According to the International Association for the Study of Pain
, chronic pain conditions, such as fibromyalgia, irritable bowel syndrome, rheumatoid arthritis, and migraines, affect more women than men globally, but women are less likely to receive treatment. According to Dr. Jennifer Wider
, a women’s health expert, sexism plays a role in that gap.
“There are gender biases in the practice of medicine that have been there for a long time,” said Dr. Wider. “Most pain studies (more than 80%) that have been conducted have included male subjects only. And symptoms can look different between men and women, so one theory is that medical practitioners don’t have the full picture when it comes to female pain
, a former medical historian reports historical gender biases may play a role in women’s inability to get a correct diagnosis. “There is a longstanding cultural association between women and ‘weakness’ and irrationality, borne from ancient understandings that they were dominated by their reproductive organs (‘hysteria’ meant wandering womb—it was thought to rise up through the body cavity causing a host of unexplainable symptoms). Over time, this has led to the potential for the medical profession to consider that female expression is likely to be neurotic or irrational in some way
,” she said.
Too often, women who report chronic pain
to their doctors are told there’s nothing wrong with them, or that they need to make a lifestyle change—like losing weight—to deal with their pain. For women with fibromyalgia, for example, it takes an average of five years to receive a correct diagnosis, according to the American Chronic Pain Association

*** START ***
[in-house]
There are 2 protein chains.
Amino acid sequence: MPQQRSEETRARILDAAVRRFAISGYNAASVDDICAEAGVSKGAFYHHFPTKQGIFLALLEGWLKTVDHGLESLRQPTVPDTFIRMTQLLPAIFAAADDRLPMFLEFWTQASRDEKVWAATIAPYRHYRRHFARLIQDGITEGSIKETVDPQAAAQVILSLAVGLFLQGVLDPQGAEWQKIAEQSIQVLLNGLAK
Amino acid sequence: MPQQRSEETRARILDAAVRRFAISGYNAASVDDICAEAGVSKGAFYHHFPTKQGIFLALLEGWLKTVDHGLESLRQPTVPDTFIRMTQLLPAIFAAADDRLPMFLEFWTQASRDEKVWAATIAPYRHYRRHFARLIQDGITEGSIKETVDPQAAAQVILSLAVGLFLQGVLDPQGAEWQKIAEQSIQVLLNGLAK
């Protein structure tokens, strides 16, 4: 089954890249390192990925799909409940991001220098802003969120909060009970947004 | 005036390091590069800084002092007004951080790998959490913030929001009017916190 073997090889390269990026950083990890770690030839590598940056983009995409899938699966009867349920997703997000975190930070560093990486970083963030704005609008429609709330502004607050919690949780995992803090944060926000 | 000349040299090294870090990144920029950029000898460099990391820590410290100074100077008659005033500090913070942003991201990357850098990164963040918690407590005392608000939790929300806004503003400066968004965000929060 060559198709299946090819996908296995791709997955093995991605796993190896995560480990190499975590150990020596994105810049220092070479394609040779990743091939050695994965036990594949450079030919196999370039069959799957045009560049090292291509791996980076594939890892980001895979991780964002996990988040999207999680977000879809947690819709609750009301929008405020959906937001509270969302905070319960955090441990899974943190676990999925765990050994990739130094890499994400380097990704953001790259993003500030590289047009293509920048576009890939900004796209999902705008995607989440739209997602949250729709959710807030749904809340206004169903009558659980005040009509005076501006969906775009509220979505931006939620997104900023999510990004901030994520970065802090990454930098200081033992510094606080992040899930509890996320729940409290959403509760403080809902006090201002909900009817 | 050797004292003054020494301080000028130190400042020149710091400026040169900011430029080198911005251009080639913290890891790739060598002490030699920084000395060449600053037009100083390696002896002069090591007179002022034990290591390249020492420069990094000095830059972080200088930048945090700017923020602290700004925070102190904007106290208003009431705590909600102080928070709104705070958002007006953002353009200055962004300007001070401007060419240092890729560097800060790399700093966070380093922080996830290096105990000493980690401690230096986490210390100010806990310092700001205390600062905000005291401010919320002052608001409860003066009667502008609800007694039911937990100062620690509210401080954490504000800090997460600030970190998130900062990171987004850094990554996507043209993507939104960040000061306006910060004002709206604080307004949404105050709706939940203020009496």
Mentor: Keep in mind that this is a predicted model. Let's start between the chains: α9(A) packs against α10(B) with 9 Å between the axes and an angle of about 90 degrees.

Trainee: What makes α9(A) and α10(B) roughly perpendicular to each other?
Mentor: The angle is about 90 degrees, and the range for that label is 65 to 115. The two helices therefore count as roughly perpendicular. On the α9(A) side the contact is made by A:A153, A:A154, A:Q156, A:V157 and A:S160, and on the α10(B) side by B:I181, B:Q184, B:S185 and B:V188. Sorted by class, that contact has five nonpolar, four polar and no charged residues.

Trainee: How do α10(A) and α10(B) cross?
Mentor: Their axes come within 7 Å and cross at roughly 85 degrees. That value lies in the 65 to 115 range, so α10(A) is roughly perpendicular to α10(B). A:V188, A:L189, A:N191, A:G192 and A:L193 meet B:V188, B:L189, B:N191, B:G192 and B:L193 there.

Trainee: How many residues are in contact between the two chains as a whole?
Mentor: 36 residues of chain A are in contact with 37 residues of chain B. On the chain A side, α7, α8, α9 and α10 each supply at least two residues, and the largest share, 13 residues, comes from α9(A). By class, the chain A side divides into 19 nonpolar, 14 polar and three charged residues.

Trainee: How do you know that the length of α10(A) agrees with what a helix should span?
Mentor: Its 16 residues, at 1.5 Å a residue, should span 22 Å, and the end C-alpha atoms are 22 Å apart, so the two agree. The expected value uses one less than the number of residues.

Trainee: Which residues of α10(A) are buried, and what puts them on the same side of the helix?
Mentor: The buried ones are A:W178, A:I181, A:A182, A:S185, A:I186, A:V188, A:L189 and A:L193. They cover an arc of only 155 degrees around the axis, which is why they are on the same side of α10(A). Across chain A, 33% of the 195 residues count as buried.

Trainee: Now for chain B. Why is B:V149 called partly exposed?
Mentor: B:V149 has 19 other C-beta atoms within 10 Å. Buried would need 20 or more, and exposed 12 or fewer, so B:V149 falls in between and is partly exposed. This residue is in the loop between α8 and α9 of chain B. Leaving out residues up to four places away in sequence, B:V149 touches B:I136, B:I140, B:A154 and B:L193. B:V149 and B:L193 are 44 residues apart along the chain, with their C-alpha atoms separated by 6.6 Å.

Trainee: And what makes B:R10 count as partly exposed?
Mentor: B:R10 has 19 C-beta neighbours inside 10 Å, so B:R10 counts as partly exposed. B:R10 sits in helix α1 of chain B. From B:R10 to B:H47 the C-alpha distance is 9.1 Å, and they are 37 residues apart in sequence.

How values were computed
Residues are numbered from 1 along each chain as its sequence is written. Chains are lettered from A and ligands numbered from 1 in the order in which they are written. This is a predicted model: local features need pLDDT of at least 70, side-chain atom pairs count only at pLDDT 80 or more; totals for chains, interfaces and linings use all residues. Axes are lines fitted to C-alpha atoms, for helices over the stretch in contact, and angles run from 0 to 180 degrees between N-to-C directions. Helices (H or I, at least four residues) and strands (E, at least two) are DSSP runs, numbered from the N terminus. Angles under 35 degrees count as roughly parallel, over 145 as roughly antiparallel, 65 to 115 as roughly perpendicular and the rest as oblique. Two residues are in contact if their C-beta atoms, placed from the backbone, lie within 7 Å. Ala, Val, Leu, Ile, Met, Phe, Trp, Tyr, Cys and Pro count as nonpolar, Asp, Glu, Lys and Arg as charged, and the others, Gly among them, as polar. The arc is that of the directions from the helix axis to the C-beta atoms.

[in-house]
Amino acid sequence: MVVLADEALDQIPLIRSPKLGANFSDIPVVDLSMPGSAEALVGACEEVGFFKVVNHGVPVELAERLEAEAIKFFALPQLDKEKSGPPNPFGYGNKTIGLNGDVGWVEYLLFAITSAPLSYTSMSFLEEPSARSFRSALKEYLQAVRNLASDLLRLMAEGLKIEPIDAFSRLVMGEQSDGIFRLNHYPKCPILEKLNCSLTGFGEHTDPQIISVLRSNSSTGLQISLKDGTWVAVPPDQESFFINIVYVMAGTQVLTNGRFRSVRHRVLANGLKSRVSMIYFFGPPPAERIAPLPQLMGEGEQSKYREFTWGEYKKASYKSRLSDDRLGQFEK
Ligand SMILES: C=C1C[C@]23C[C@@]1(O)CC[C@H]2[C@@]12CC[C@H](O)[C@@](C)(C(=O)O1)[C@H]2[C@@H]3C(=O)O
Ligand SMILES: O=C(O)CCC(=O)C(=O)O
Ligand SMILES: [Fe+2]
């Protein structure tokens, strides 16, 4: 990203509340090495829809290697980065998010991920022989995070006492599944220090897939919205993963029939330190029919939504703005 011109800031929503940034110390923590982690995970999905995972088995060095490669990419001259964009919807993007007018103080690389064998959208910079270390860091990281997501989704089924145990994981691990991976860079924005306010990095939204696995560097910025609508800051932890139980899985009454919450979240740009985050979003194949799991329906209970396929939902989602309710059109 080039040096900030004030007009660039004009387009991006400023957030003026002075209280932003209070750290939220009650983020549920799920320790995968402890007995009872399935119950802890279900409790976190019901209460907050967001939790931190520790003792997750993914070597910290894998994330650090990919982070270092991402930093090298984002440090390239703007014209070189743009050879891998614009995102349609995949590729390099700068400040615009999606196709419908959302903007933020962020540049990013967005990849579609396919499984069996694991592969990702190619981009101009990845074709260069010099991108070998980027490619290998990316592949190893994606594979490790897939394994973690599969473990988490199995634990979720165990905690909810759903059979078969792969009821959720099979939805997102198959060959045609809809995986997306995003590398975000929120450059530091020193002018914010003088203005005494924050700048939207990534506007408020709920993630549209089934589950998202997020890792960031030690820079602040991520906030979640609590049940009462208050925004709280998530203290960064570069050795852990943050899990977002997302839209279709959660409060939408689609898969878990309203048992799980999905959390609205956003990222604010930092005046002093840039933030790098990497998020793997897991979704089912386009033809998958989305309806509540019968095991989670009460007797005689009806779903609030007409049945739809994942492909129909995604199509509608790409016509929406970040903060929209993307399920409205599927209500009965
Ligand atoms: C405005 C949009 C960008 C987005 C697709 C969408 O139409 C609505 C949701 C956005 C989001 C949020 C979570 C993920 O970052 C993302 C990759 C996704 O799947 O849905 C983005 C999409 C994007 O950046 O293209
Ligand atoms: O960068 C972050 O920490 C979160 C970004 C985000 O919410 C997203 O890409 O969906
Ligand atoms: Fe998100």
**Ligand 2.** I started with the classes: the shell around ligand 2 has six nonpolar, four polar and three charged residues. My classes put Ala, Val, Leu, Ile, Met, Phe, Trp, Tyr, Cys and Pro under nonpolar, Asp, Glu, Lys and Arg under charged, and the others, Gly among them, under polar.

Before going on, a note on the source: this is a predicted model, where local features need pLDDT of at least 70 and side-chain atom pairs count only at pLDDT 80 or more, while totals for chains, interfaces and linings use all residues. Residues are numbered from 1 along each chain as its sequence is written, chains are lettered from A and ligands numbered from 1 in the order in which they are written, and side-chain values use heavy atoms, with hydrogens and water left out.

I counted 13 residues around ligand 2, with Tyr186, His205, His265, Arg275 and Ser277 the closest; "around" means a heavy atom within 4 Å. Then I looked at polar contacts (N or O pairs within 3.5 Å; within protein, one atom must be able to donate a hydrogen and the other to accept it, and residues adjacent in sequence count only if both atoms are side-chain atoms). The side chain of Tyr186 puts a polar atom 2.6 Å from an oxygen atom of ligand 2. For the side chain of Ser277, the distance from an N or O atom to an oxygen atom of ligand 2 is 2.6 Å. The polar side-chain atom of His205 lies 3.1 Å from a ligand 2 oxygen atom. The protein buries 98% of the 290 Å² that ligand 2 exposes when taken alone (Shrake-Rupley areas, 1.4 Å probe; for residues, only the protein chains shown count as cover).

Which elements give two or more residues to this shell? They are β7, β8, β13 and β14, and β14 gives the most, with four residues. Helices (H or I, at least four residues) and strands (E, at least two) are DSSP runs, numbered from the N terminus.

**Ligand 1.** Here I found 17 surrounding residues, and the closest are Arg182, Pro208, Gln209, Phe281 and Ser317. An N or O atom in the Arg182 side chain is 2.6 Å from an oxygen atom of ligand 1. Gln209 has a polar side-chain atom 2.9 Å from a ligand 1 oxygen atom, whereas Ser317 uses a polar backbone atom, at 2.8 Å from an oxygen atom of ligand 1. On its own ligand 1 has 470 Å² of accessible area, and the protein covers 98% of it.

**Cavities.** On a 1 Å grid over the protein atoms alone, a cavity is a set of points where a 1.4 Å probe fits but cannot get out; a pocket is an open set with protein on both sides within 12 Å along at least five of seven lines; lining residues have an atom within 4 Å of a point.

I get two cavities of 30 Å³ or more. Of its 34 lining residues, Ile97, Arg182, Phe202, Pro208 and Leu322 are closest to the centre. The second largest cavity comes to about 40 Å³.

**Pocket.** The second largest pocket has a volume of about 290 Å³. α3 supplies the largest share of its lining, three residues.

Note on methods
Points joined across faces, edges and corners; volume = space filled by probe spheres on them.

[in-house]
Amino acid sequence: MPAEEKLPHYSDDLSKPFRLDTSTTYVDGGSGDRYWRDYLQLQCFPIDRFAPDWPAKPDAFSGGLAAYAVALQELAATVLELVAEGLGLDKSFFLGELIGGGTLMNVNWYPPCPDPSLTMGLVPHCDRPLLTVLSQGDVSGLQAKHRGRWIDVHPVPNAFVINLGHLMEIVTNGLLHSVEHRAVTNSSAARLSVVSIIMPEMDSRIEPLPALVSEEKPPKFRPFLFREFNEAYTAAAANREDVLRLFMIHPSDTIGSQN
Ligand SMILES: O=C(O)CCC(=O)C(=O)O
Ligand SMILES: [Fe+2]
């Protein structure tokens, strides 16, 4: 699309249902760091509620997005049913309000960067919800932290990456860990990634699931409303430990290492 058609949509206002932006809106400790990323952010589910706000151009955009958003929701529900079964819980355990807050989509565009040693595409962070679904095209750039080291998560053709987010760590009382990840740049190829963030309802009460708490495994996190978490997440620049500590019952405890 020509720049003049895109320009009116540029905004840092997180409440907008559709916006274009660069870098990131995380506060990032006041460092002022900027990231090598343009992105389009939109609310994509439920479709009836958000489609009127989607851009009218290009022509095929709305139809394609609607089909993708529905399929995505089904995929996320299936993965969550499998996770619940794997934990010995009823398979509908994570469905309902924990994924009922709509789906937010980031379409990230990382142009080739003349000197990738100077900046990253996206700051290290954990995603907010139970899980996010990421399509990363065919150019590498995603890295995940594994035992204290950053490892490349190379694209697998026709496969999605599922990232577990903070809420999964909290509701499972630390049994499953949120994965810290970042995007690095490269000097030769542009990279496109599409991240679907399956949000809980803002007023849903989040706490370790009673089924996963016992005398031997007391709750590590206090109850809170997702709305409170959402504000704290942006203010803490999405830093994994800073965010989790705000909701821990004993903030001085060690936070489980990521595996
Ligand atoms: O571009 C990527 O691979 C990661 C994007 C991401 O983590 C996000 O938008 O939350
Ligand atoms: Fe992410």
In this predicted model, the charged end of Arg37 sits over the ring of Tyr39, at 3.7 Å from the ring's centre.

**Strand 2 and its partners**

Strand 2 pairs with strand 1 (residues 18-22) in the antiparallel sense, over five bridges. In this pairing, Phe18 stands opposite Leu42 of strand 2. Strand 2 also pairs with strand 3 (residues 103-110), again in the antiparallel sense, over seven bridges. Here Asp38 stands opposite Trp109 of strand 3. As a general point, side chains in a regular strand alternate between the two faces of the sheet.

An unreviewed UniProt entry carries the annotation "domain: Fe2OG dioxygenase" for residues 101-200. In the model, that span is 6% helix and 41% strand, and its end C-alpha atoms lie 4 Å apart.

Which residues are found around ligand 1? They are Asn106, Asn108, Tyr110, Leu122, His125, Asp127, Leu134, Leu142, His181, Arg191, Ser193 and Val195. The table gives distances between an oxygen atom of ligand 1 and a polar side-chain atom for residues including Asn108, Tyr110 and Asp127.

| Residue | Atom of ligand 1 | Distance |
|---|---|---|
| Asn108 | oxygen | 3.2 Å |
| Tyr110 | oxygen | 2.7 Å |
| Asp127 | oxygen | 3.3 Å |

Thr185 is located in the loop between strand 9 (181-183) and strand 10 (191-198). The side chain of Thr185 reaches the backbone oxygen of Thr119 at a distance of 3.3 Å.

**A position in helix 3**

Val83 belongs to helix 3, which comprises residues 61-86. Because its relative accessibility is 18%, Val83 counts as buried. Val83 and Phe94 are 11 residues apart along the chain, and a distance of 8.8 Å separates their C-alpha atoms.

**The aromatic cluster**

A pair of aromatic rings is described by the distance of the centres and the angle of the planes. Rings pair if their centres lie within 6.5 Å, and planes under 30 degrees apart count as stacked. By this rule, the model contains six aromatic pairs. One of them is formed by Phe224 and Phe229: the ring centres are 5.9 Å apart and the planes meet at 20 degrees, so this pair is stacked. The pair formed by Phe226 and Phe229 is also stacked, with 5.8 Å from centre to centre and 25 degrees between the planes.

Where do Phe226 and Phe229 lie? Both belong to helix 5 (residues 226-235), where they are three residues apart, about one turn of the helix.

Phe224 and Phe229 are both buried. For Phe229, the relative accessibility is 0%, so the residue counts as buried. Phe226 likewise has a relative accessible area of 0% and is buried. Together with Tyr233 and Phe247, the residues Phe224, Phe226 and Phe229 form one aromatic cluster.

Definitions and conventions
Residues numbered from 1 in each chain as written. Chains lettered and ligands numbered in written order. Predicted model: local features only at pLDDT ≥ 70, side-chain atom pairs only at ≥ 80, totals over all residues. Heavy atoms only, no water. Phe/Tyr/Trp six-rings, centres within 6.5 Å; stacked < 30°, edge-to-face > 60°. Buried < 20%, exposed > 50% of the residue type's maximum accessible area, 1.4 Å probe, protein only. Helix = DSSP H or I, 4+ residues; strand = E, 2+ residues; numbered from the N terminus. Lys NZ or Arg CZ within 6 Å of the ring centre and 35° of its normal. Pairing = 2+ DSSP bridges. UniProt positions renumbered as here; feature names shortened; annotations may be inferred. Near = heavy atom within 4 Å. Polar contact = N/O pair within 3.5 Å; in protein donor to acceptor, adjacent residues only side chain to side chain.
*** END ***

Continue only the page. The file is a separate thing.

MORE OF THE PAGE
. For Black women, the situation is even worse; not only do African American women face a higher risk of developing a chronic illness
, but racial discrimination and bias in medicine
mean they’re less likely to be believed and to get the treatment they need.
Here are a few things you can do to help your physician “hear you”:
- Keep a pain diary. Talk about when you have pain, where it hurts, what you did before the pain started, what you ate, etc.
- Go to the doctor before the pain gets really bad. As women, we often are too busy to get in to see our physician before it is an emergency.
- When you get into see your doctor – take notes. If it feels like you aren’t being heard, then read the notes back and see if your physician concurs
- Use “I” statements so you are taken seriously.
“I feel like I’m not being heard because when I talk to you, I don’t get any eye contact. I don’t get any feedback about what I just said. I feel like I’m just rushed out the door.” These types of “I” statements should help your doctor realize they’re affecting you emotionally, and hopefully they won’t become defensive
- Get a second opinion. If you aren’t being heard or the treatment prescribed doesn’t feel right, seek another physician’s opinion. If you are female, consider seeing a female doctor or pain specialist.
- If nothing works, fire your doctor and find a new one! Your pain matters!
**Summary of 6 ways women can stand up for themselves when doctors ignore their chronic pain
by Stephanie Hallet